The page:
Familydoc has a frustrating post discussing the medical facts surrounding circumcision. I don’t have any general opposition to the information, and was surprised that Familydoc acknowledged that the medical issue is “a tie”. That’s why I’m stuck to understand how that leaves the decision to parents to choose based on their “religious, cultural, esthetic, but not medical” reasons. Familydoc offers this as an explanation of parental “rights” to justify allowing them to choose non-medically necessary cosmetic surgery.
Since American law accepts that parents have a right to abort their unborn fetuses, as well as to decide where, what, when, and how their born children eat, sleep, get an education, it seems logical that the decision to circumcise or not rests with the parents – as long as circumcision is not intrinsically harmful.
I’m not an attorney, but I can see how that logic is flawed. A right to abortion is about control over one’s own body, unless I’m mistaken. Imposing circumcision on an infant is about control over another’s body. Quite different. And the decision about where, what, when, and how their born children eat, sleep, and get an education do not involve permanent physical changes to a child. If I didn’t get a good education, I have the option to get one later in life. If I was forced to eat food I didn’t like, I have the option to now be vegan. If I was forced to go to bed at 8:30, I now have the option to stay up to watch Stephen Colbert. I’ll add one. If I wasn’t allowed to play with certain kids who didn’t meet my parents approval, I can now hang out all night with those bad elements.
I do not have the option to replace my now-permanently-gone, healthy foreskin.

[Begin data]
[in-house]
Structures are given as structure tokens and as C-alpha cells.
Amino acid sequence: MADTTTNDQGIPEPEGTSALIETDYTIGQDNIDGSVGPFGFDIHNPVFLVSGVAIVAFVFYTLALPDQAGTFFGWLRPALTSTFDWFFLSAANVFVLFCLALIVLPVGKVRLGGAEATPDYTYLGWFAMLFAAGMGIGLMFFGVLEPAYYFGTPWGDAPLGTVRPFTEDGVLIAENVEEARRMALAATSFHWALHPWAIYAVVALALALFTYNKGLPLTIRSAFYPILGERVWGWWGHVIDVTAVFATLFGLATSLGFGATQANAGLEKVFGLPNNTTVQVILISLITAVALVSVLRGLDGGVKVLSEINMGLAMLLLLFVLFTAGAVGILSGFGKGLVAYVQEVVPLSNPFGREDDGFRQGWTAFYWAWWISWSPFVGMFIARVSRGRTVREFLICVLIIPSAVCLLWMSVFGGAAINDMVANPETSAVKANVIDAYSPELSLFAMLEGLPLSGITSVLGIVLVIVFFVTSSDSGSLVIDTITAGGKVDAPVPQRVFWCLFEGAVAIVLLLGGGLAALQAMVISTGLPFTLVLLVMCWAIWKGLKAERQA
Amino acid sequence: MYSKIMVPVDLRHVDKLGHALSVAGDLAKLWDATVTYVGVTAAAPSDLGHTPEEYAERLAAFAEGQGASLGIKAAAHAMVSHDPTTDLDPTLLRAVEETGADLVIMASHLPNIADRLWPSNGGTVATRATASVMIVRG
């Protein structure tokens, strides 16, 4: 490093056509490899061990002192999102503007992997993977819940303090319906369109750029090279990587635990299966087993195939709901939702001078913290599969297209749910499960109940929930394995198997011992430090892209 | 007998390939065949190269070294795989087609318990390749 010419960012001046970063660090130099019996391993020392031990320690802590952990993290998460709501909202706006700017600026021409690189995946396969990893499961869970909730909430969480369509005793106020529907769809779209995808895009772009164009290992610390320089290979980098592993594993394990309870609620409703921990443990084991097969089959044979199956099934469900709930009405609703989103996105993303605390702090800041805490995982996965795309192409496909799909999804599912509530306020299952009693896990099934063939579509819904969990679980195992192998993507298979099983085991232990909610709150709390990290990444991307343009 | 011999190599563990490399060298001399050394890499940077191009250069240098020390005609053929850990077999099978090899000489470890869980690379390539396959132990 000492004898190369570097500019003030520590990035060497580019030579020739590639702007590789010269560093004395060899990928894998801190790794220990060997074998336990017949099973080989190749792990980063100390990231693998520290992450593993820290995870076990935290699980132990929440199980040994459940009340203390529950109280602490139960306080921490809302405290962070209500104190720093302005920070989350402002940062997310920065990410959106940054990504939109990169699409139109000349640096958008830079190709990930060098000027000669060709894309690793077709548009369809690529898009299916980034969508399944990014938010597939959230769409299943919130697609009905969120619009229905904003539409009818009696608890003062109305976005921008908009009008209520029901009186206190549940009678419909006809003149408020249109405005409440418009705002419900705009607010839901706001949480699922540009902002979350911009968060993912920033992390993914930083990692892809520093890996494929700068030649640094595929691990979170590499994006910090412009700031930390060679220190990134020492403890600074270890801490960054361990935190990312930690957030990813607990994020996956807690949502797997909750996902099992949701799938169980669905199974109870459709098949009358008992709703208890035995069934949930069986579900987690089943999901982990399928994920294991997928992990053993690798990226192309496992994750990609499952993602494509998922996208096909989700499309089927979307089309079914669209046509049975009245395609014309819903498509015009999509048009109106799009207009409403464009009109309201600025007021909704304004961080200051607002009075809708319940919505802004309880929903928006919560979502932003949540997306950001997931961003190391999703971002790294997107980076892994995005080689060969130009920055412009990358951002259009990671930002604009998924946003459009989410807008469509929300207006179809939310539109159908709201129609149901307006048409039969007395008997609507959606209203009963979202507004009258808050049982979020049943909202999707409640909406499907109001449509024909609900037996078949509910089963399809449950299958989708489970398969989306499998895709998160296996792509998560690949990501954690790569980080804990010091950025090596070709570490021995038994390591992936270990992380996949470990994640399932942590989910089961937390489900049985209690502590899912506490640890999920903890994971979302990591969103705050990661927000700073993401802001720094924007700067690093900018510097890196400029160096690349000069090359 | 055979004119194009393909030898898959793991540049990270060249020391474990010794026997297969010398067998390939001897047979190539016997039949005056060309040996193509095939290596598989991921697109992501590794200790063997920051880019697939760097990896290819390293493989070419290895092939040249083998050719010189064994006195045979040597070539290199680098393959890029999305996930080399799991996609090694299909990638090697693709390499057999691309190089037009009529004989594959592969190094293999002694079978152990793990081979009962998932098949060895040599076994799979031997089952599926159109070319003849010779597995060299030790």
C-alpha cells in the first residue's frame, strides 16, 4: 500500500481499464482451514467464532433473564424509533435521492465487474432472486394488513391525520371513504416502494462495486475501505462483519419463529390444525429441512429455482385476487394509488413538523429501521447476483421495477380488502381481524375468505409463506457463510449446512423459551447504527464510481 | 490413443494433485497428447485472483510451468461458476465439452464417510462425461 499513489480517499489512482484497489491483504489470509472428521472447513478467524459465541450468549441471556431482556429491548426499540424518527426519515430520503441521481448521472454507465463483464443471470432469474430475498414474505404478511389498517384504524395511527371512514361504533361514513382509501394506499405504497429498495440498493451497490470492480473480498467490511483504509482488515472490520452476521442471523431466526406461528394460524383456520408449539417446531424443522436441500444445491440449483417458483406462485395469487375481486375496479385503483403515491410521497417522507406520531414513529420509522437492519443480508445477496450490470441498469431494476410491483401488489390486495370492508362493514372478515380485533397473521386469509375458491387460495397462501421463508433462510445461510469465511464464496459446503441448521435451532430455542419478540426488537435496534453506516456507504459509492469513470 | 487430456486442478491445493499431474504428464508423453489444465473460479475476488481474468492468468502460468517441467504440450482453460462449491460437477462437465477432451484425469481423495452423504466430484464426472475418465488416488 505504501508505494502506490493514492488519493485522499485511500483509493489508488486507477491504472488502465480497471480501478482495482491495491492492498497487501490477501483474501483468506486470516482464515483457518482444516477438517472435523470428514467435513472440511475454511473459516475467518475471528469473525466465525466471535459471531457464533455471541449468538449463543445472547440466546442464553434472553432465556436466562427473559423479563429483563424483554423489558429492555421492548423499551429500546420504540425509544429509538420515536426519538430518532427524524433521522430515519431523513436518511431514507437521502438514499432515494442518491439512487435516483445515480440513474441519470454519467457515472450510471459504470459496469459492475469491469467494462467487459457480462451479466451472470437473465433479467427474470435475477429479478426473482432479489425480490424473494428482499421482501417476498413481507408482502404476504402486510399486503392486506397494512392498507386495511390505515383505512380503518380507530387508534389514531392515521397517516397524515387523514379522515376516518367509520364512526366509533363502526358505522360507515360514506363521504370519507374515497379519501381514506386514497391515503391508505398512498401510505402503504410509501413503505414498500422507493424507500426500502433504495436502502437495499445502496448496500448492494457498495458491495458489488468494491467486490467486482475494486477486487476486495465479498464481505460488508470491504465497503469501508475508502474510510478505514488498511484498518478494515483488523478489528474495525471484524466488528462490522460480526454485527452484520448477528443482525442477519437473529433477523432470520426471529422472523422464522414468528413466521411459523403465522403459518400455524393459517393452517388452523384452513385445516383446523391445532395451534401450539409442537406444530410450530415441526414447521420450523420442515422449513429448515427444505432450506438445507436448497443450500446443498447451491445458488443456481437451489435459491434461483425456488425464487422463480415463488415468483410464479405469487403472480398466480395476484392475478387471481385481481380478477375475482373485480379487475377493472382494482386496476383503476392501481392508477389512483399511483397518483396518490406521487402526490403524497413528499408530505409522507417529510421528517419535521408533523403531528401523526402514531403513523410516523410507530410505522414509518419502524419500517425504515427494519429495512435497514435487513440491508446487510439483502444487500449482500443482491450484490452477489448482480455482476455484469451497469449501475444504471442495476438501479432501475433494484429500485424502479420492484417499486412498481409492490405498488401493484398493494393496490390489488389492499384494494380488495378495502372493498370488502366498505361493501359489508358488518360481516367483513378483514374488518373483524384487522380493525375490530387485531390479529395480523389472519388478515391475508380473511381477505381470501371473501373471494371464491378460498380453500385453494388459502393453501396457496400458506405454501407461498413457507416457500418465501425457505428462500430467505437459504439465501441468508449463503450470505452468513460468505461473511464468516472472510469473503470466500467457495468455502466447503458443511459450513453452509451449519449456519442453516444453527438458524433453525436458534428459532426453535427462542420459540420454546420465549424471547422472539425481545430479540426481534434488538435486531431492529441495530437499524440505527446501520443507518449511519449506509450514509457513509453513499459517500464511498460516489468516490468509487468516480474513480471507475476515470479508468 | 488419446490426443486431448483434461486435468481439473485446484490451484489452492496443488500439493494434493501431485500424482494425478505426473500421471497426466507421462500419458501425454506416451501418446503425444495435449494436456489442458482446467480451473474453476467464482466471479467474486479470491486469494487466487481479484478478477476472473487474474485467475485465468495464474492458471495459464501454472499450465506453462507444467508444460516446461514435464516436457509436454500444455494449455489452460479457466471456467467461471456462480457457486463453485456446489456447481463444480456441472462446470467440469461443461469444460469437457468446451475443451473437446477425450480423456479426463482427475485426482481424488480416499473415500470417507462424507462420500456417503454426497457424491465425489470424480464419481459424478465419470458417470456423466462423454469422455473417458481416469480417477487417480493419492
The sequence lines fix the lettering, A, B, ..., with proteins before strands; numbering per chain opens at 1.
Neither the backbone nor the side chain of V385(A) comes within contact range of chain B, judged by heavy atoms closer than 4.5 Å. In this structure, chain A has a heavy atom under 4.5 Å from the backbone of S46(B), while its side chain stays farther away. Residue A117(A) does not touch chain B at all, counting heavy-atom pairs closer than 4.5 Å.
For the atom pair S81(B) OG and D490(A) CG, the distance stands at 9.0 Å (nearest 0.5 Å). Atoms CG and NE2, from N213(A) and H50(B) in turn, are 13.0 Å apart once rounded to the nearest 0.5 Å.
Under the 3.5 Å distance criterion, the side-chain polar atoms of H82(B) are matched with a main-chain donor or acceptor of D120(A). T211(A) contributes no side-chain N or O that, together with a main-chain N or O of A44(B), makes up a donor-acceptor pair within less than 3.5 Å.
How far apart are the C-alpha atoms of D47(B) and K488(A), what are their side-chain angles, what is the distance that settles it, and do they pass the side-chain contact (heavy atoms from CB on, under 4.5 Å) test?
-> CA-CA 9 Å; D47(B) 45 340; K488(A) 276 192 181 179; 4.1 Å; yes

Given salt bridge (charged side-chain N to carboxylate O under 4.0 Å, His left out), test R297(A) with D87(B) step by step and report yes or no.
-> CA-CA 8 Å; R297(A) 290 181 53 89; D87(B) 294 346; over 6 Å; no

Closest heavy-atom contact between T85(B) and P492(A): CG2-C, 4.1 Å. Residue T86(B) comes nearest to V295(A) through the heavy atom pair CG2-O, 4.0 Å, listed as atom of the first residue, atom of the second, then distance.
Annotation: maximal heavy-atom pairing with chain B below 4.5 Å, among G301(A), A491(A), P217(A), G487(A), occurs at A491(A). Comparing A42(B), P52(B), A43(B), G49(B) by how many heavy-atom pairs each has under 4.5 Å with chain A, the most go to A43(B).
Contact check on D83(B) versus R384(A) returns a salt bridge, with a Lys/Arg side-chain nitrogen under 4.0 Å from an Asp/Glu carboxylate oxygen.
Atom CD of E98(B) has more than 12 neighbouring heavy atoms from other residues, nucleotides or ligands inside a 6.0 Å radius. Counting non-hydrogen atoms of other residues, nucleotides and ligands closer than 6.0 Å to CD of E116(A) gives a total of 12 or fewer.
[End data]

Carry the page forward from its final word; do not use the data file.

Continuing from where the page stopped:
I left a long comment on Familydoc’s entry discussing the ethics and harm of infant circumcision, so I won’t address those (or the rest of the entry) in great detail here. However, it should be obvious that the harm of circumcision can be subjective, since Familydoc acknowledges that harm occurs. I’m just not dismissive of subjective criteria. Individuals have different, impossible-to-predict preferences. Even on the supposedly insignificant criteria of aesthetic value, the individual’s opinion is what matters.
In society we rightly grant parents the power to make medical decisions by proxy. They can and should work to the child’s (i.e. the patient) best interest. However, when journeying beyond the limited boundaries of immediate medical need, the criteria for allowing such decision-making power must get significantly tougher. As in baseball where the tie goes to the runner, in medicine, the tie must go to the patient, who we can and should assume would demand the least invasive stance necessary. Routine infant circumcision is the most invasive stance, a solution in search of a problem.
Ethics matter. Anything else treats children as their parents’ property.
Via Everyone Needs Therapy as a recommendation following on an earlier post¹.
¹ TherapyDoc’s earlier post, a commentary on an article about Jewish parents opting not to circumcise their sons, lacked a sufficient discussion of the ethics of infant circumcision. TherapyDoc relied on the argument that Jewish identity and culture would diminish, if not disappear, without infant circumcision. I disagree. More importantly, it’s irrelevant in a civil society where inherent individual rights are guaranteed.
2 thoughts on “Parents are not psychics.”
Since we’re not talking about a birth defect here, how can esthetics possibly justify surgical intervention?
If a parent doesn’t like the way nature designed the human body and communicates this fact to others, wouldn’t it make more sense to refer them to a psychologist instead of allowing them to inflict their irrational notions on their kid?
Yes, this is true, and I have to say that, given our recent debate over on RMR with Josh Amos, that this familydoc post seems capable of but one thing, as it so often happens in the controversial circdebate: a preservation and reassurance that maintaining the status quo is not only “OK”, but it remains unharmful (or not harmful enough to justify further analysis), therefore just fine.
In the debate I above mentioned, it seemed, as Amos broke down a bit, that the whole “snow ball’s chance” argument came into play, like an overheated pomme frite in the mouth of a “realist.”
When I found this article, I began to realize that reason would prevail despite abundant apologism and inferno-esque climates. The key, I think is a continuance of awareness-raising, plain and simple. Human rights activists should certainly continue the crusade.
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